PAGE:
In June of that year, he learned he had multiple myeloma, a disease that enters the bloodstream and bone marrow. After chemotherapy and stem cell treatments, he had to protect his immune system by staying in isolation for four months, unable to walk the streets or even hug his wife or son.

He told me this the next year while I sat in his salon chair, looking at him in the mirror before me. He was healthy again, bent over my hair and moving about with ease. Around us, customers and their stylists carried on their own conversations, the hum of voices mixing with the sounds of scissors and blow dryers.

  • Frequently Asked Questions and Advice

    Updated June 24, 2020

    • Is it harder to exercise while wearing a mask?

      A commentary published this month on the website of the British Journal of Sports Medicine points out that covering your face during exercise “comes with issues of potential breathing restriction and discomfort” and requires “balancing benefits versus possible adverse events.” Masks do alter exercise, says Cedric X. Bryant, the president and chief science officer of the American Council on Exercise, a nonprofit organization that funds exercise research and certifies fitness professionals. “In my personal experience,” he says, “heart rates are higher at the same relative intensity when you wear a mask.” Some people also could experience lightheadedness during familiar workouts while masked, says Len Kravitz, a professor of exercise science at the University of New Mexico.

    • I’ve heard about a treatment called dexamethasone. Does it work?

      The steroid, dexamethasone, is the first treatment shown to reduce mortality in severely ill patients, according to scientists in Britain. The drug appears to reduce inflammation caused by the immune system, protecting the tissues. In the study, dexamethasone reduced deaths of patients on ventilators by one-third, and deaths of patients on oxygen by one-fifth.

    • What is pandemic paid leave?

      The coronavirus emergency relief package gives many American workers paid leave if they need to take time off because of the virus. It gives qualified workers two weeks of paid sick leave if they are ill, quarantined or seeking diagnosis or preventive care for coronavirus, or if they are caring for sick family members. It gives 12 weeks of paid leave to people caring for children whose schools are closed or whose child care provider is unavailable because of the coronavirus. It is the first time the United States has had widespread federally mandated paid leave, and includes people who don’t typically get such benefits, like part-time and gig economy workers. But the measure excludes at least half of private-sector workers, including those at the country’s largest employers, and gives small employers significant leeway to deny leave.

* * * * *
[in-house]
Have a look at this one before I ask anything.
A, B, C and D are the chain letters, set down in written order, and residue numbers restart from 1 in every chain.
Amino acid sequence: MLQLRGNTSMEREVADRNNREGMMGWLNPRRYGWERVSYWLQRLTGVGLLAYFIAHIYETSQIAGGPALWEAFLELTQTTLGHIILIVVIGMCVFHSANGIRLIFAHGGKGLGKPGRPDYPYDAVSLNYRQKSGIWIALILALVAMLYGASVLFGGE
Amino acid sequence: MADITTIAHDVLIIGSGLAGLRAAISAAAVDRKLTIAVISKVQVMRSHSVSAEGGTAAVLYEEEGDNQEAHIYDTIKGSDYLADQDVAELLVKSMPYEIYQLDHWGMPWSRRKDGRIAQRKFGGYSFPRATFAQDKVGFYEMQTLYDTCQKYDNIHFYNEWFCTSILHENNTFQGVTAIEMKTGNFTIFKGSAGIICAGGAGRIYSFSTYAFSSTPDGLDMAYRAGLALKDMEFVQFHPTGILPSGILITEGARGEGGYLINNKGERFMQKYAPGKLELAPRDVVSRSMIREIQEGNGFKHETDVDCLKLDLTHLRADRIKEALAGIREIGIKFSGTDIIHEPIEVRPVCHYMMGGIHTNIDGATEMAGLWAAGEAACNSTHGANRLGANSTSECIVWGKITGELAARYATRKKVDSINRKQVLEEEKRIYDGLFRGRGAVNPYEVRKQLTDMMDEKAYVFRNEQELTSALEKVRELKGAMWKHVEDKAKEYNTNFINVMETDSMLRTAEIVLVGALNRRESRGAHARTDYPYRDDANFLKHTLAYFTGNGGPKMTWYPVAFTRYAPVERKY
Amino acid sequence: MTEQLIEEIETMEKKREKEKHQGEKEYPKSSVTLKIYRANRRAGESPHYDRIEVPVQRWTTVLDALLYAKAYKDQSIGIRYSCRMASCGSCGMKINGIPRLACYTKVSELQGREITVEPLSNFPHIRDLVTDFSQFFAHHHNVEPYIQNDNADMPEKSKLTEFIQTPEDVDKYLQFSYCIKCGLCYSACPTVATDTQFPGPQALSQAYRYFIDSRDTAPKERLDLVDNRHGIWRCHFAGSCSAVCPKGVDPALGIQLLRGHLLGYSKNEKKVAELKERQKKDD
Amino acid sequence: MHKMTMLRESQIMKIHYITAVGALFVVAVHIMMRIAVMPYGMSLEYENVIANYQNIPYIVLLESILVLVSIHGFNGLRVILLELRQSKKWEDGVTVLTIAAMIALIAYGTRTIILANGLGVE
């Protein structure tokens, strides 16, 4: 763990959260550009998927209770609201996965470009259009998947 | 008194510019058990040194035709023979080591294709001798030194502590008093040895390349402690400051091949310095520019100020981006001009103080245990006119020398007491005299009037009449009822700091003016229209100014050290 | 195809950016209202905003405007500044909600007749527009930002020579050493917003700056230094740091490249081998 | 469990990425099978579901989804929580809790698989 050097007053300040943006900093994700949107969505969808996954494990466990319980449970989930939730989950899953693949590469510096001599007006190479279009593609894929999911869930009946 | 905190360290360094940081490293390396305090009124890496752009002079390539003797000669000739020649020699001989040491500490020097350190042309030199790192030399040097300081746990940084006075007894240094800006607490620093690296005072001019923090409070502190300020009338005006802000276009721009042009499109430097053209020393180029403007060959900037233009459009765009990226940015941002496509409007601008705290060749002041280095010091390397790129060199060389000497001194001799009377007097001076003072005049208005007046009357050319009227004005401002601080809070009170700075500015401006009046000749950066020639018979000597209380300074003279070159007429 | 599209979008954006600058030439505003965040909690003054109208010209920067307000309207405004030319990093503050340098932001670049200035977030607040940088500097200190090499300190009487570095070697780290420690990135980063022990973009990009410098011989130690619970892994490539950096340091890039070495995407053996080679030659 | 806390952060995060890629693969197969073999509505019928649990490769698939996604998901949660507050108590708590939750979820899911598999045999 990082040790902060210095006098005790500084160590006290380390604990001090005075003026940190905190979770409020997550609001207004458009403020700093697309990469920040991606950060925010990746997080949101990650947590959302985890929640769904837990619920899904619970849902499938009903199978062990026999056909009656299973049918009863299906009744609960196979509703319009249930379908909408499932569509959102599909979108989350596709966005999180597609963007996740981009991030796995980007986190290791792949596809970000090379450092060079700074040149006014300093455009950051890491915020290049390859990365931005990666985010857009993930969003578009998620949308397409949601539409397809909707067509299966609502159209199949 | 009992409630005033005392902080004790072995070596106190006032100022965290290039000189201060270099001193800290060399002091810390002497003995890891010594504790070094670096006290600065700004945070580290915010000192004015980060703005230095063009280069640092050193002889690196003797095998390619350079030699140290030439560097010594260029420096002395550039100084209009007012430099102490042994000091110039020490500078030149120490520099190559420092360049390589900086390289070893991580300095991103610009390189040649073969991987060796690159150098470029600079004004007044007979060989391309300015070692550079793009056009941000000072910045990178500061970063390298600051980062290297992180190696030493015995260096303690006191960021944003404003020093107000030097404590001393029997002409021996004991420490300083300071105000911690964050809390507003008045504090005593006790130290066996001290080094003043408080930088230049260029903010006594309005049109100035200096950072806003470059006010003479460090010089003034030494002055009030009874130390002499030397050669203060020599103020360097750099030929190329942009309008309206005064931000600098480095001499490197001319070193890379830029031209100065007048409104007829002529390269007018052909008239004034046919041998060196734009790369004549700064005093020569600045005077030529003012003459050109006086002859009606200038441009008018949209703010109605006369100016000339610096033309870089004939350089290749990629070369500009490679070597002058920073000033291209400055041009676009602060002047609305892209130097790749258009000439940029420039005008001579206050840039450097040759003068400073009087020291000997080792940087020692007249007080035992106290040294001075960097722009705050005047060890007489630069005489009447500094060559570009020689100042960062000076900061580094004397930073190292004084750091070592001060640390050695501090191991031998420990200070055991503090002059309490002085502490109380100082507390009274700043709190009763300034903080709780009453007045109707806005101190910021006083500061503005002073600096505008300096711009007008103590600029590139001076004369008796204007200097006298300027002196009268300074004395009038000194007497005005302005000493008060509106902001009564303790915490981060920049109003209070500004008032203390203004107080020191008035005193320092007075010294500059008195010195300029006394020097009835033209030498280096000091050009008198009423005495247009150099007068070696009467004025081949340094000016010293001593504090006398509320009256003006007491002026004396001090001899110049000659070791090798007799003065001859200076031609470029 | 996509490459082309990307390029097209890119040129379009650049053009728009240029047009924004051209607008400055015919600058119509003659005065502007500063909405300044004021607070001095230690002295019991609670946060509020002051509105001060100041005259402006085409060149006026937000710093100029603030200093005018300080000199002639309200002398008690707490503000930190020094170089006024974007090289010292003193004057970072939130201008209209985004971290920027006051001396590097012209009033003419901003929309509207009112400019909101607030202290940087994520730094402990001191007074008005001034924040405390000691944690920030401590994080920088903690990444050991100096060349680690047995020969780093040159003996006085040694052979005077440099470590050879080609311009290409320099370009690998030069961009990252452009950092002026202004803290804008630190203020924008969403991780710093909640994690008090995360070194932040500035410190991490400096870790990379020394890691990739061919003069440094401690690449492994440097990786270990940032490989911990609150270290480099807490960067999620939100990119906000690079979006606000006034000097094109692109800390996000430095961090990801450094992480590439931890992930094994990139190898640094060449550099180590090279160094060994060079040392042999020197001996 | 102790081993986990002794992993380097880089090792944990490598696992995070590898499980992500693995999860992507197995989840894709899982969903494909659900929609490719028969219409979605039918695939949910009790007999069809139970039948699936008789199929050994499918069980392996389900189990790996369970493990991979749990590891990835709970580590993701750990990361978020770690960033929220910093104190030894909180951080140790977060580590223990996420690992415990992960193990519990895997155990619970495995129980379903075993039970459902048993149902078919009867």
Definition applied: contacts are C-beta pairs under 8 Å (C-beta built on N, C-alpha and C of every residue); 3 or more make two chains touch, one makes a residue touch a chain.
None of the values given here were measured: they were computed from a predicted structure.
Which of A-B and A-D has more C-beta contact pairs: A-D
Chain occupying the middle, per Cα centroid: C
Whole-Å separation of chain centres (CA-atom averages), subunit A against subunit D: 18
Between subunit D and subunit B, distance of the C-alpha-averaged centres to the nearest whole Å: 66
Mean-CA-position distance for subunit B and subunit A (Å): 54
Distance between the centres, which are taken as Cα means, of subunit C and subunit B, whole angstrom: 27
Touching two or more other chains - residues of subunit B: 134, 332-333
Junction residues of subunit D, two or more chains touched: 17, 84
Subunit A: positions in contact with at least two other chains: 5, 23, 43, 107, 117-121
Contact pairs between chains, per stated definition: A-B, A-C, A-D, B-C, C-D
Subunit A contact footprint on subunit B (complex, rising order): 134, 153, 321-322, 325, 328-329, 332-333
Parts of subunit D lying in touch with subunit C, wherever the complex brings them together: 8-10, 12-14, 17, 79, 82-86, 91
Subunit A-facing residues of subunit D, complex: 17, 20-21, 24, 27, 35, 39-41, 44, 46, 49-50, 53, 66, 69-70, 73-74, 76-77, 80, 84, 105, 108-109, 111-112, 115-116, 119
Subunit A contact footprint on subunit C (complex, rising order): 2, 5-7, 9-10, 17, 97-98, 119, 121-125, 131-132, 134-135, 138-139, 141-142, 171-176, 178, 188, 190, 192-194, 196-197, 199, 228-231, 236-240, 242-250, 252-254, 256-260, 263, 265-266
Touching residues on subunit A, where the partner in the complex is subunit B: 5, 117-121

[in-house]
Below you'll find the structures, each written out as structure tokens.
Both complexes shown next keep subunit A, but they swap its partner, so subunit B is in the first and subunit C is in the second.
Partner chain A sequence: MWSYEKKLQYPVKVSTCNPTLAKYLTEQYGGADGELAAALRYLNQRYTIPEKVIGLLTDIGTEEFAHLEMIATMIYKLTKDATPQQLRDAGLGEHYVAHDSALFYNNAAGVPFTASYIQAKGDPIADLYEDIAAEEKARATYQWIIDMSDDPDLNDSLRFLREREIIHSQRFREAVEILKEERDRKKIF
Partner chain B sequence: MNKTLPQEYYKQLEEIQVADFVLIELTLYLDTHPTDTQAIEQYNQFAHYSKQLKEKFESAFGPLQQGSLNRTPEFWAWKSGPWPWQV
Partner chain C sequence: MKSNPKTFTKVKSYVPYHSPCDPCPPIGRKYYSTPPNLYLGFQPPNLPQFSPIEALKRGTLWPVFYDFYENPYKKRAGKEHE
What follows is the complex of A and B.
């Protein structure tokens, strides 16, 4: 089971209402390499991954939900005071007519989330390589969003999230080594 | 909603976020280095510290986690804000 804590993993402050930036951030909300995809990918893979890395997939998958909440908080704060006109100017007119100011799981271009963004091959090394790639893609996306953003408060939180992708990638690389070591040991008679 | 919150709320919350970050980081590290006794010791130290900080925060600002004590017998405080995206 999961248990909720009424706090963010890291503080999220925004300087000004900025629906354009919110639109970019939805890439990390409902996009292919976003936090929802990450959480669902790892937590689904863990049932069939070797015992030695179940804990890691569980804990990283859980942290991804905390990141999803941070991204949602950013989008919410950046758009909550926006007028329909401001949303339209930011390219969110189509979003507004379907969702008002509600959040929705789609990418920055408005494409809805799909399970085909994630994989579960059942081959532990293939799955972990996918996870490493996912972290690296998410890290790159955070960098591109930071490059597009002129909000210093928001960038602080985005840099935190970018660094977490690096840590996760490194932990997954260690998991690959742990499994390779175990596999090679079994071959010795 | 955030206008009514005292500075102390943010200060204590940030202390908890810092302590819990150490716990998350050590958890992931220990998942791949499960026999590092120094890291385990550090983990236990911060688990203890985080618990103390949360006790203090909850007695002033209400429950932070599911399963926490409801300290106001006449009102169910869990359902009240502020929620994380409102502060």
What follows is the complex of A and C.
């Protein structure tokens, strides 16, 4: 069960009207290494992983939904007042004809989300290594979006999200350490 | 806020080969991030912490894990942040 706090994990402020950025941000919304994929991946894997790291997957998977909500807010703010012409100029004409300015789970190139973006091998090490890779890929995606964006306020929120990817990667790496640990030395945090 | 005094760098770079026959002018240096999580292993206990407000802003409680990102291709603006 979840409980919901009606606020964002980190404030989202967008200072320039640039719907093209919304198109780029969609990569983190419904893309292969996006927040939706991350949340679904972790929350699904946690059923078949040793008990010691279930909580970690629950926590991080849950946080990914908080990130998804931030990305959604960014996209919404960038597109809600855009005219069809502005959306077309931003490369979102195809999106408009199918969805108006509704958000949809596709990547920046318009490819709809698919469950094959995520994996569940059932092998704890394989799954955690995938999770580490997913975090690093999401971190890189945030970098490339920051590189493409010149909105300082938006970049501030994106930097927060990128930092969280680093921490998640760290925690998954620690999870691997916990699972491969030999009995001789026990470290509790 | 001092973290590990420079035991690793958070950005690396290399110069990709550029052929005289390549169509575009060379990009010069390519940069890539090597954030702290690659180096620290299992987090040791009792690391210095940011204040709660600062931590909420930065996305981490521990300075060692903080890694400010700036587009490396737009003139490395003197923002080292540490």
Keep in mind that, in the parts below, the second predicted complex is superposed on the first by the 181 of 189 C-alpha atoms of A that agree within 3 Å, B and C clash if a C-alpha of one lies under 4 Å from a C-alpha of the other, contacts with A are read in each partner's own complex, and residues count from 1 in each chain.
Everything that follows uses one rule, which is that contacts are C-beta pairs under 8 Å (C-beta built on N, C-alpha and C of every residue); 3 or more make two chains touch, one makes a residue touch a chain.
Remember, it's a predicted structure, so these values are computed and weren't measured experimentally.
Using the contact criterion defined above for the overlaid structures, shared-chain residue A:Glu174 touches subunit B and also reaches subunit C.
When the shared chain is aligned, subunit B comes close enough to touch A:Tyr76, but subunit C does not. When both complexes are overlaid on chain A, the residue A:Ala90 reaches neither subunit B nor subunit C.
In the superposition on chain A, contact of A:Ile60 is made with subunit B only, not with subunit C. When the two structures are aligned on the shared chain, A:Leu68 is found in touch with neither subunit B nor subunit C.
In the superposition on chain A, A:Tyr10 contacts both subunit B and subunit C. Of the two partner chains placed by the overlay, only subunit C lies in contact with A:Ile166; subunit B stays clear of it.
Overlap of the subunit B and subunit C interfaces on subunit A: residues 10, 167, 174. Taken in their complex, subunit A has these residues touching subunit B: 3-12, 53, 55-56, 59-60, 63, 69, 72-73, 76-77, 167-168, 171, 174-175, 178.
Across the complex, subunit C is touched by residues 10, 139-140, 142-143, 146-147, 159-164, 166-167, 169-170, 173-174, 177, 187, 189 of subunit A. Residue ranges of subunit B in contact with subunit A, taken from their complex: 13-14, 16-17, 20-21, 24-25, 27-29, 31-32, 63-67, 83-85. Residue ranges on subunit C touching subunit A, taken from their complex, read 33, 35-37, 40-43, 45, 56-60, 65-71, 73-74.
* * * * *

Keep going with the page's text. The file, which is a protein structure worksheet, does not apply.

• Does asymptomatic transmission of Covid-19 happen?

      So far, the evidence seems to show it does. A widely cited paper published in April suggests that people are most infectious about two days before the onset of coronavirus symptoms and estimated that 44 percent of new infections were a result of transmission from people who were not yet showing symptoms. Recently, a top expert at the World Health Organization stated that transmission of the coronavirus by people who did not have symptoms was “very rare,” but she later walked back that statement.

    • What’s the risk of catching coronavirus from a surface?

      Touching contaminated objects and then infecting ourselves with the germs is not typically how the virus spreads. But it can happen. A number of studies of flu, rhinovirus, coronavirus and other microbes have shown that respiratory illnesses, including the new coronavirus, can spread by touching contaminated surfaces, particularly in places like day care centers, offices and hospitals. But a long chain of events has to happen for the disease to spread that way. The best way to protect yourself from coronavirus — whether it’s surface transmission or close human contact — is still social distancing, washing your hands, not touching your face and wearing masks.

    • How does blood type influence coronavirus?

      A study by European scientists is the first to document a strong statistical link between genetic variations and Covid-19, the illness caused by the coronavirus. Having Type A blood was linked to a 50 percent increase in the likelihood that a patient would need to get oxygen or to go on a ventilator, according to the new study.

    • How many people have lost their jobs due to coronavirus in the U.S.?